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NZXT Zero
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by Matthew Harris on October 16, 2006 in Full-Tower

Building a PC requires several considerations. What’s in it? What’s powering it? What case do I use? How do I cool it? For using air cooling there’s a wide world of cases open to you but if you’re using aftermarket water cooling your options start to narrow. Today we look at a new case from NZXT that lends itself to both air and water cooling.

Installation


Along with the standard power header mobo connectors there are also firewire, USB and audio port connectors. a Couple of weeks ago I was saying I’d like to see standard 10 pin header plugs for the audio and firewire, looks like the good folks at NZXT were on the same page. Not only does the audio wires feature 1-10 pin header plug but 2. One for Intel’s new HD audio and another for AC’97 audio plus both the audio plug and firewire both feature individual wires with small plugs for non-standard headers. w00t!

The drive rails are all the same with the exception of size so for redundancy’s sake, I’m only covering the HDD versions. The rail is plastic and has holes where you’d normally use a screw but instead they feature a press fit metal stud that fits into the screw holes. just line the studs up with the screw holes and slide them in and it’s ready to pop the drive in. Simple as that and all the bays are screw-less.

Here’s where the fun begins, I found that with all the 5.25" bays in use that I had nowhere to put the reservoir aside from the bottom of the case. With the res in the bottom of the case I then had nowhere to put the pump so into the drive bay with it. Fortunately for me the holes in the drive bay are just the right size for 5/8" OD tubing to pass through. This left room for one HDD in the HDD bay above the pump.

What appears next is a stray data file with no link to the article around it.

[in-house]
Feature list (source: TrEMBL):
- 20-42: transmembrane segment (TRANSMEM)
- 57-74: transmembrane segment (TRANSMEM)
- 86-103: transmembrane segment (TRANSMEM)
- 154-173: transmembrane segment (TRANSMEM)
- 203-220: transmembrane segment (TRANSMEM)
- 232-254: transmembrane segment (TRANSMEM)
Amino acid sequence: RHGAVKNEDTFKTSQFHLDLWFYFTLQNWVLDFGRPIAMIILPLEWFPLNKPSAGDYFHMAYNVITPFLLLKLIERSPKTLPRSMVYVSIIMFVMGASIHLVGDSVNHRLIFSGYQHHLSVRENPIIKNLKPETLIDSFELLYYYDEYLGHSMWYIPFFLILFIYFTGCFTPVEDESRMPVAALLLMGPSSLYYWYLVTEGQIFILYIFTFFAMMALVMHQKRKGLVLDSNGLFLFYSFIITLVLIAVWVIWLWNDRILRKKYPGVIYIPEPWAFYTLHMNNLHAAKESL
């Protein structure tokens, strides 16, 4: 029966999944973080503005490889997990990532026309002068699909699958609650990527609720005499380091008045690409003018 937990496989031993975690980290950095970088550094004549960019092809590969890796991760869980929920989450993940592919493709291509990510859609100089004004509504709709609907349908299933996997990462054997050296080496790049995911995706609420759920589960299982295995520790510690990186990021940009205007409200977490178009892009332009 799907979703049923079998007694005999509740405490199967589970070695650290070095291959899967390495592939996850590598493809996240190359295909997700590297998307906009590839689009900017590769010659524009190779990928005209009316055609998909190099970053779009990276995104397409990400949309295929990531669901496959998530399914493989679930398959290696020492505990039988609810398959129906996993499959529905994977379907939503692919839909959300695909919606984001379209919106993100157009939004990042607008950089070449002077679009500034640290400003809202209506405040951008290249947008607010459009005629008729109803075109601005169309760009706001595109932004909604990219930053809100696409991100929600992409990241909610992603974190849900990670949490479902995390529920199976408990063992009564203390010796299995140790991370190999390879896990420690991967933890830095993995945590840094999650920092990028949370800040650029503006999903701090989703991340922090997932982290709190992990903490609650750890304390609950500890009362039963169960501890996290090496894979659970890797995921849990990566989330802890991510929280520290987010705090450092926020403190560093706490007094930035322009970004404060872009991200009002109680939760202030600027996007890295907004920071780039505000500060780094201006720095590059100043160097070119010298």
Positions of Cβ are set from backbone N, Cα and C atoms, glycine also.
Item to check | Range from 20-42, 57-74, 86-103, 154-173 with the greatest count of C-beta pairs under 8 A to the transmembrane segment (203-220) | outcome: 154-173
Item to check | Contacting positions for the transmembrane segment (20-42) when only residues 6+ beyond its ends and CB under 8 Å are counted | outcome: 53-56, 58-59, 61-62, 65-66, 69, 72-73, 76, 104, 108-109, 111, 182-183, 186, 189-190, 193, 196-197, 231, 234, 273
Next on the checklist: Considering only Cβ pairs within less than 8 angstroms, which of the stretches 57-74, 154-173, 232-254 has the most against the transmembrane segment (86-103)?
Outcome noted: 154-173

I mounted the Radbox on the top fan and cut two 7/8" holes for the tubing to route through to the rad. Now, this wouldn’t be a big deal normally but I had to be mindful of the tool-less PCI mechanism. It uses an inverted "L" shaped piece of flat aluminum on a hinge to hold the PCI devices in place. The top of the lever can be seen under the bottom fan right next to the tubing from the rad, I’ve got a shot of the rest of the mechanism in a bit. Anyway, I had to make certain to allow enough room for the lever to fit in the closed position.

Here you see how I ran the tubing through the rear wall of the case to the radiator and back from the radiator to the CPU water block.

The bottom pic shows the tool-less PCI lock with it pivoted away from the PCI slot covers. To lock the slots down you simply move the top part over the PCI slots and latch it in place, the part with the little nubs sticking up off of it rotates up against the slots and the nubs lock the PCI covers into place.

The first pic shows the setup during leak testing, the second shows the gob of spaghetti from the PSU tied to the upper rail brace and the third shows everything in place and wired. Due to the design of this case it’s nearly impossible to hide wiring behind the mobo tray. They ran the tray the entire width of the opening, it runs from the rear of the case to the front on that side of the case. This prevents the wiring from routing behind the drive bays since the mobo tray is right up against the bays. If the tray ended right before the bays you could run the wiring behind the bays and mount your HDD’s with the connectors facing the off side of the case. This would make for an extremely sanitary look.

As you can see, once everything is in place the inside of the case is quite cluttered. Yeah, I know my cable shui sucks but I tried, believe me. Every area in the case that’s hidden has at least one cable stuffed up in it. Unfortunately though, the case just doesn’t have many nooks and crannies to hide cables. If you’ve got a modular PSU you’re in business though. Unfortunately, I used a standard fixed cable PSU so I’m a bit limited as to options.


Page List:
Top

1. Introduction
2. Closer Look
3. Installation
4. Conclusion


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